This month's Off The Record survey looked at pension funds attitudes towards currency management. More than half of surveyed pension funds - 57% - believes that currency risk is unrewarded and that hedging it can reduce volatility without damaging returns. But less than a third - 31.5% - thought that currency markets are a good source of alpha.
Just over a quarter of respondents agreed with the statement that hedging is a waste of time over the long term because foreign exchange is mean-reverting. Some 5.5% said trading currency was just gambling.
So it is no surprise that 61% of the pension funds surveyed use currency management for hedging purposes. Just under a fifth use it to seek returns - alpha - too, while 30.5% said they did not make use of currency management at all.
One of these, a Belgian fund, called it a "zero sum game" as all its bonds and liabilities were in euros, while it took the currency risk in equities. "We simply hedge all currency risk with one-month forwards," explained a Dutch fund, whereas a second Dutch fund lamented that it was "difficult to find a currency manager with a consistent performance".
For three-quarters of respondents, currency hedging and return-seeking are completely separate decisions. Yet only a small majority, 55%, use different managers for the hedging and return-seeking part - 45% of pension funds use the same manager for both purposes.
Just less than 18% of surveyed pension funds changed the way they approach currency management over the last 12 months. "[We] changed the maximum permitted hedge ratio in response to the weaker domestic currency (GBP)," said one UK fund.
Another UK pension fund manager believes that only the euro and the US dollar are return drivers in the present climate, and a macroeconomic bet on these is a matter of luck: "We terminated our mandate when it became clear what we needed was a lucky fundamental manager - and we prefer not to base our return expectations on luck."
While close to 55% of respondents believed that currency hedging is best done at the pension fund level, 35.5% thought it should be done by the individual asset managers. Only 6.5% said pension funds and individual asset managers were equally well equipped to do so. "It depends on the expertise or management approach of each manager," said a UK fund.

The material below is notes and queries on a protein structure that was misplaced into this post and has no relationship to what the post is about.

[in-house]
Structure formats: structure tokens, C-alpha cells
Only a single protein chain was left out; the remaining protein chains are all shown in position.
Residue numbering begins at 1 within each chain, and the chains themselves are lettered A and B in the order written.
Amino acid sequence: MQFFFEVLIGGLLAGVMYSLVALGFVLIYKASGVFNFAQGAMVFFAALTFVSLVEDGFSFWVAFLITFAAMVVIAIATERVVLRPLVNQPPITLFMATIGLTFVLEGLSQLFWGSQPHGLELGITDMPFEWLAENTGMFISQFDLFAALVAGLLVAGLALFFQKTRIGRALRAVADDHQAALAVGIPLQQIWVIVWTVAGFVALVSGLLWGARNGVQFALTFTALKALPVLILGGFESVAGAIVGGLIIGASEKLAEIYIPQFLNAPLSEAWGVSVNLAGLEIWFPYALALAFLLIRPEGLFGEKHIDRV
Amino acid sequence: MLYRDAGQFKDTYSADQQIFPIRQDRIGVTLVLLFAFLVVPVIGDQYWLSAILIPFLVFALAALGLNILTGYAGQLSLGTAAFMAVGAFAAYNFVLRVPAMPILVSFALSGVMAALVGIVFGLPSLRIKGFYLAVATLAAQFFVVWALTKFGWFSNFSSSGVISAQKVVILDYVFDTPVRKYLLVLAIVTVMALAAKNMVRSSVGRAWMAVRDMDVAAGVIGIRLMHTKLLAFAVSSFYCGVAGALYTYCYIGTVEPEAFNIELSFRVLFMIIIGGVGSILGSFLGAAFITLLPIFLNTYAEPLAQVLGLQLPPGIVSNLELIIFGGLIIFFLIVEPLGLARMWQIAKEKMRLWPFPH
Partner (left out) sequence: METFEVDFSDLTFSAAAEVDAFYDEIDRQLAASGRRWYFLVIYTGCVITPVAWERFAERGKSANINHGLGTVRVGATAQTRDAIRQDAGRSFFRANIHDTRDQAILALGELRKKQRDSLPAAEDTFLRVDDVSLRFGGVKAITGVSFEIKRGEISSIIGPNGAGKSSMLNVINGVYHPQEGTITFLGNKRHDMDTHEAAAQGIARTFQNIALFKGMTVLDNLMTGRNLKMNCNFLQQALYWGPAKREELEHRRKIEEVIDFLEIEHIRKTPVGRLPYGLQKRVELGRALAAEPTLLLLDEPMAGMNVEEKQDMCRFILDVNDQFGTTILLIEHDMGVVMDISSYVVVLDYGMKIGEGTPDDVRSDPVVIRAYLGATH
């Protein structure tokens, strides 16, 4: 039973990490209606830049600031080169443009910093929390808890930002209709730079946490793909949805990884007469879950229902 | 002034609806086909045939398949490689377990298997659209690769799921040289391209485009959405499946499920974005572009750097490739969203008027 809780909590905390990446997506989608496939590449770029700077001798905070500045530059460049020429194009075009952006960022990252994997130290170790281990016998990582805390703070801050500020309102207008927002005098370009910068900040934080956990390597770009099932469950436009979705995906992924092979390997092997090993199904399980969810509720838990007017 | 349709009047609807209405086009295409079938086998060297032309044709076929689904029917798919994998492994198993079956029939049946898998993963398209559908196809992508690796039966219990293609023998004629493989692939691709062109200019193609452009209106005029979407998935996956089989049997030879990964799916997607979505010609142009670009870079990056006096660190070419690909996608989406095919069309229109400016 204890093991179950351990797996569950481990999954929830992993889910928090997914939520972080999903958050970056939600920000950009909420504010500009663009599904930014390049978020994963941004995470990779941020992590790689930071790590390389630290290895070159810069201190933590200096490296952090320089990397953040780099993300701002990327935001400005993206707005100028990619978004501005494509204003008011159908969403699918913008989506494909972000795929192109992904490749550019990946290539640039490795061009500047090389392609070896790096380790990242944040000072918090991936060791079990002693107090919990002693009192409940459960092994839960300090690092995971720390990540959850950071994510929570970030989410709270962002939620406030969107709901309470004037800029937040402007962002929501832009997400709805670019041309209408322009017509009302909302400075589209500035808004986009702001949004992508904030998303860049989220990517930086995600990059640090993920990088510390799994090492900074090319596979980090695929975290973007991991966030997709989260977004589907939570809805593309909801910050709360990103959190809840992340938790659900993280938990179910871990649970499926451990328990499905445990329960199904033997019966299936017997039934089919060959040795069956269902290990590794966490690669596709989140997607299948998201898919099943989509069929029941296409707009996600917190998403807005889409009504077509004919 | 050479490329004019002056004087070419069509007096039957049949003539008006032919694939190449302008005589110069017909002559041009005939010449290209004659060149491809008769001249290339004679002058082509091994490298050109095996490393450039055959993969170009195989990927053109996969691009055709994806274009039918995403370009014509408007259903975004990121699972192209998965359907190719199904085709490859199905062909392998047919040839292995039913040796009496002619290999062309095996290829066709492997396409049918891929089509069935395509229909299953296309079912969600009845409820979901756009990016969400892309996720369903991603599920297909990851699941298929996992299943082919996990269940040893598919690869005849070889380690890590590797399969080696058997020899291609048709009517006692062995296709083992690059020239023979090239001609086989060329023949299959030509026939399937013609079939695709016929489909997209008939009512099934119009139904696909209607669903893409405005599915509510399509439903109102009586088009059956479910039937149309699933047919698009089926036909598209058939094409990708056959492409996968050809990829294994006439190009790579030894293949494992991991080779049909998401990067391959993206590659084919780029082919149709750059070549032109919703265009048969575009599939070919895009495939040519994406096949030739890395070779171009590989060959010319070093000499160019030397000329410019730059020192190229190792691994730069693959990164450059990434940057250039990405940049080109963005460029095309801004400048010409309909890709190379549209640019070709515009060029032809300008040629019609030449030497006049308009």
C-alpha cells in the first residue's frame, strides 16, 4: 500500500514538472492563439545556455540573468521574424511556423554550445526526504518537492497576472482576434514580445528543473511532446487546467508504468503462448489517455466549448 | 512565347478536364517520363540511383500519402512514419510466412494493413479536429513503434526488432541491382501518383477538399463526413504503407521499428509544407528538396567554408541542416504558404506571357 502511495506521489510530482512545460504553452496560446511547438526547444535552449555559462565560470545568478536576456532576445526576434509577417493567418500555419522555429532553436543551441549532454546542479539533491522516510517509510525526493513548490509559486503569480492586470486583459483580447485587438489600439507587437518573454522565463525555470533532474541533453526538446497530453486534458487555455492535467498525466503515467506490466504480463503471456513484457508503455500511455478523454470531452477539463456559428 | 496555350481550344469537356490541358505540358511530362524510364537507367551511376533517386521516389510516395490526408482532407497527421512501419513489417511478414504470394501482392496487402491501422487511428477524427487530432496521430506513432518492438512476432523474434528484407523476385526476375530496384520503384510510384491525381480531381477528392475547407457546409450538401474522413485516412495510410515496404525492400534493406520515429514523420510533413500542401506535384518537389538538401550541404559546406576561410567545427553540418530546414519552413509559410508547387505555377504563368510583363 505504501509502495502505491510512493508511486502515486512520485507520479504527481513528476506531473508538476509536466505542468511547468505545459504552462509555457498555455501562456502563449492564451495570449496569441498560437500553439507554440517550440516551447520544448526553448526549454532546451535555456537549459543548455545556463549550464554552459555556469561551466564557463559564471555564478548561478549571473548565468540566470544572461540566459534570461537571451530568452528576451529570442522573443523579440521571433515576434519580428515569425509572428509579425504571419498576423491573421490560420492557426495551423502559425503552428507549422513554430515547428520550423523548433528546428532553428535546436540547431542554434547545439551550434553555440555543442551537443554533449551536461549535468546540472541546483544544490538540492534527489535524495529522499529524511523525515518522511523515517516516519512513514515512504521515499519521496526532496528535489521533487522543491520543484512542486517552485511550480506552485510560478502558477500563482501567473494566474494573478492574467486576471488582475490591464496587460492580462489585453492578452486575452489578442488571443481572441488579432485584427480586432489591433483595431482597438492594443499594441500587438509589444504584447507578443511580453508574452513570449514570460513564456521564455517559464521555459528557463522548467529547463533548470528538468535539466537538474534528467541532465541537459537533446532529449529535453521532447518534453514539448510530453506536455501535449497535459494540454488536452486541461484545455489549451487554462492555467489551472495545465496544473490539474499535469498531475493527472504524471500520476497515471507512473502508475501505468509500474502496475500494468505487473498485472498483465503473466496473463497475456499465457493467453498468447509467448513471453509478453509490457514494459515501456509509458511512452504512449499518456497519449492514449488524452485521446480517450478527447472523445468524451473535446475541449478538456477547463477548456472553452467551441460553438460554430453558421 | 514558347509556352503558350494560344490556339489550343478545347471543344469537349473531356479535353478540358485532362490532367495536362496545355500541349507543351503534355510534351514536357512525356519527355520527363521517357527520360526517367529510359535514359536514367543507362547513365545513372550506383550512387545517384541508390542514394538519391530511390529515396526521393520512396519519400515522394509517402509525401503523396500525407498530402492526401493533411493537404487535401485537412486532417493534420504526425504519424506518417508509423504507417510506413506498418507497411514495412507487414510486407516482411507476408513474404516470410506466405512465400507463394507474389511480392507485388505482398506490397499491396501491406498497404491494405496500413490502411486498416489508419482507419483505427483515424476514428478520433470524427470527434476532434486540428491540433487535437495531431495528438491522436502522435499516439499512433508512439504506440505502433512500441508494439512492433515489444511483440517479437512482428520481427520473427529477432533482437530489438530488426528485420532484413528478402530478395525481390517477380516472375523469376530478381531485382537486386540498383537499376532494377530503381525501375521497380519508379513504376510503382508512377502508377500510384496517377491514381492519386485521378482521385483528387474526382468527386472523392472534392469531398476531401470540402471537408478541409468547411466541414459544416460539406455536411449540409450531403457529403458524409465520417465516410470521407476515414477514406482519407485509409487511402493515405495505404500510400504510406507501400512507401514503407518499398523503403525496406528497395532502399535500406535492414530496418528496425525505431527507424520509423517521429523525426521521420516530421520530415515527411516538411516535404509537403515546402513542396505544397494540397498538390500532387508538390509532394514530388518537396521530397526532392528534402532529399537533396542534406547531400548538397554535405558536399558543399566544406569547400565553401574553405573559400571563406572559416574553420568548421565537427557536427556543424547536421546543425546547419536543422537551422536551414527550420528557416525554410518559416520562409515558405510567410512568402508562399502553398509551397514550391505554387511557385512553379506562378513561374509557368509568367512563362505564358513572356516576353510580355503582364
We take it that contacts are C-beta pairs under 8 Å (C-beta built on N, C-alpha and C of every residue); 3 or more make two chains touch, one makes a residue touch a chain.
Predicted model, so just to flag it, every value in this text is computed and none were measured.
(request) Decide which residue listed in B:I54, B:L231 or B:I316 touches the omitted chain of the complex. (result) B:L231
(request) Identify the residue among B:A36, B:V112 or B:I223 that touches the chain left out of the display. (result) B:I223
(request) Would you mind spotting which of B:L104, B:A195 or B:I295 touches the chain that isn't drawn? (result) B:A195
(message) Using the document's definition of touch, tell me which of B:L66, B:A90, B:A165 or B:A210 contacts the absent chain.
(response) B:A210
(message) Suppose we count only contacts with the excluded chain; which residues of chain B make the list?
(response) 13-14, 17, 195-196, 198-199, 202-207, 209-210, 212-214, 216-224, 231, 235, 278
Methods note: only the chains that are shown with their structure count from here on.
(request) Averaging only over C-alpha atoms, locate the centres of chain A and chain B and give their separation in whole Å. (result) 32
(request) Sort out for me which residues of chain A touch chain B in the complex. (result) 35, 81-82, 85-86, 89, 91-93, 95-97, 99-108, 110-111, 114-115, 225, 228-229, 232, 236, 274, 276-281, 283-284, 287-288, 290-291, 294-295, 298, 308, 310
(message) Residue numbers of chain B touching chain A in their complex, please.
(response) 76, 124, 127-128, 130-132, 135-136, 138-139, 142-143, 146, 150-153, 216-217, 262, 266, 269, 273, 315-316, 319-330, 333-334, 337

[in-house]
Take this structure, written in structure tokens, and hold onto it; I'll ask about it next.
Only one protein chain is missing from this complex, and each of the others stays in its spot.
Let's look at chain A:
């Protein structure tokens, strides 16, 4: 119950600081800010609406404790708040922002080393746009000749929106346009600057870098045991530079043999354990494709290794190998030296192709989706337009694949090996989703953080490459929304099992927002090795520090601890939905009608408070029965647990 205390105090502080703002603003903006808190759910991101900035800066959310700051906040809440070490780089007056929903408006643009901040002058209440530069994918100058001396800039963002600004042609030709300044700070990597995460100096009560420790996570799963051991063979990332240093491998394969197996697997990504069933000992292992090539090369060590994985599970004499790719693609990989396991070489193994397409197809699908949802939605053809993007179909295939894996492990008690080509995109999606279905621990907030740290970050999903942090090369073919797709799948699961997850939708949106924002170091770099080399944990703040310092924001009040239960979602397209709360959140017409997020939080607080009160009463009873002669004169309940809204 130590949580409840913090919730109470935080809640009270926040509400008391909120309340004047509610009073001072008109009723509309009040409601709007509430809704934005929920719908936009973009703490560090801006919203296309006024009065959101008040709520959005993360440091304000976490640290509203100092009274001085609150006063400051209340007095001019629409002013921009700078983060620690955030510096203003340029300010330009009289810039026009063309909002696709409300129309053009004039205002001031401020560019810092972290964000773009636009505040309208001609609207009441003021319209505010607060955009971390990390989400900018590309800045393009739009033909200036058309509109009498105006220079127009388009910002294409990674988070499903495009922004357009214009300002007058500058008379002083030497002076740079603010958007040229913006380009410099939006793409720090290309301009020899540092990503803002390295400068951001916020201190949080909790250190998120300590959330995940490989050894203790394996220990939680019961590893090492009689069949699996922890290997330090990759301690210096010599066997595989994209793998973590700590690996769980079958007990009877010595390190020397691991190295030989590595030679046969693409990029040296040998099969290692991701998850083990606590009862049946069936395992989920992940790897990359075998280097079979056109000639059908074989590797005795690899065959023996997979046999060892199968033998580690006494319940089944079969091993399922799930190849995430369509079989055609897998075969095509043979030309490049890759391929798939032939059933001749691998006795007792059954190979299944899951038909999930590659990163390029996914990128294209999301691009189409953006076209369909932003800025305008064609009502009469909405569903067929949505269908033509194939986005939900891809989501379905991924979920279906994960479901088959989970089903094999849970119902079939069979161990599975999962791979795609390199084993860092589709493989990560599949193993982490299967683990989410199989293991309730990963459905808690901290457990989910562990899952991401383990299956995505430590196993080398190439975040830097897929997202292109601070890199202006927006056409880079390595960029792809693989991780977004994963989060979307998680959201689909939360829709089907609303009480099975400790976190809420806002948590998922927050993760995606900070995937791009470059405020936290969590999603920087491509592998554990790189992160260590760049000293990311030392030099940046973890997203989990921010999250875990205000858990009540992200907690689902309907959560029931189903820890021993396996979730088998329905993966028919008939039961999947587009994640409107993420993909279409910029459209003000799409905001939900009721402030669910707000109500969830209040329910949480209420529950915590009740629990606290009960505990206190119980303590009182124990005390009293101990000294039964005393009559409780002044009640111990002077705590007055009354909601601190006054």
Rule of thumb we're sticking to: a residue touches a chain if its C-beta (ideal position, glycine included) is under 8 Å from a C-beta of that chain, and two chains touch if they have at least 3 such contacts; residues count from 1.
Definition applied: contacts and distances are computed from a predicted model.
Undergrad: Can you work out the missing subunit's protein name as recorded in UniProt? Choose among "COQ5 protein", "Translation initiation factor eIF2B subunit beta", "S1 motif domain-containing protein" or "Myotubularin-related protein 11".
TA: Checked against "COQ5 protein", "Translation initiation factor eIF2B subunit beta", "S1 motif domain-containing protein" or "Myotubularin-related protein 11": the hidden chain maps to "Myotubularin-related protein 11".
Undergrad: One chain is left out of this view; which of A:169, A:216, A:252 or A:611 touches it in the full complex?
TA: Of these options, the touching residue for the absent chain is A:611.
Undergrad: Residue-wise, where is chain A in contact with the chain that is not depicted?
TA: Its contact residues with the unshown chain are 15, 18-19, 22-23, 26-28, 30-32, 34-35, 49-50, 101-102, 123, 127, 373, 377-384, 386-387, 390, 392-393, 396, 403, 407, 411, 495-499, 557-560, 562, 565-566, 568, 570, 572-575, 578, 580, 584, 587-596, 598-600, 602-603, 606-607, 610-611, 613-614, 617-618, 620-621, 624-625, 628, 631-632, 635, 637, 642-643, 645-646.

Of those funds that use some kind of currency strategy, a majority - 72.5% - hedge all asset classes that have exposure to foreign currency. Around 14% only hedge their fixed income exposure, while one respondent admitted to hedging only equities with exposure to foreign currency. Alternatives and commodity futures were also hedged by a Swiss fund and a UK fund respectively.
Permitted tracking errors from the benchmark varied from 1% by a global and a Latvian pension fund to 50% by a Dutch and a UK pension fund. A Swedish pension fund put the tracking error at 10% for fixed income and hedge funds, and at 50% for equities. Hedge ratios depended on asset classes and individual pension funds although half of the respondents put it at 70% or more.
Measuring success or failure of a currency hedge seems to be difficult. Some pension funds stated it had smoothed returns, while others said it had made no difference. "It has added on average 45 basis points per annum," said one Finnish scheme. Gains of 1-2% and 4% were attributed to a currency hedge by a Latvian and Dutch scheme respectively.
The alpha managers received mixed reactions. For some it was still too early to say whether they had made a difference. However, one UK fund put the difference at plus five bps at fund level, while one Finnish scheme stated it added two bps to its total fund performance per annum.
"It has cost us money, which is unsurprising in an environment of weak domestic currency, given the manager's mandate," said another UK scheme. "But it has been significantly cheaper than a passive hedge would have been."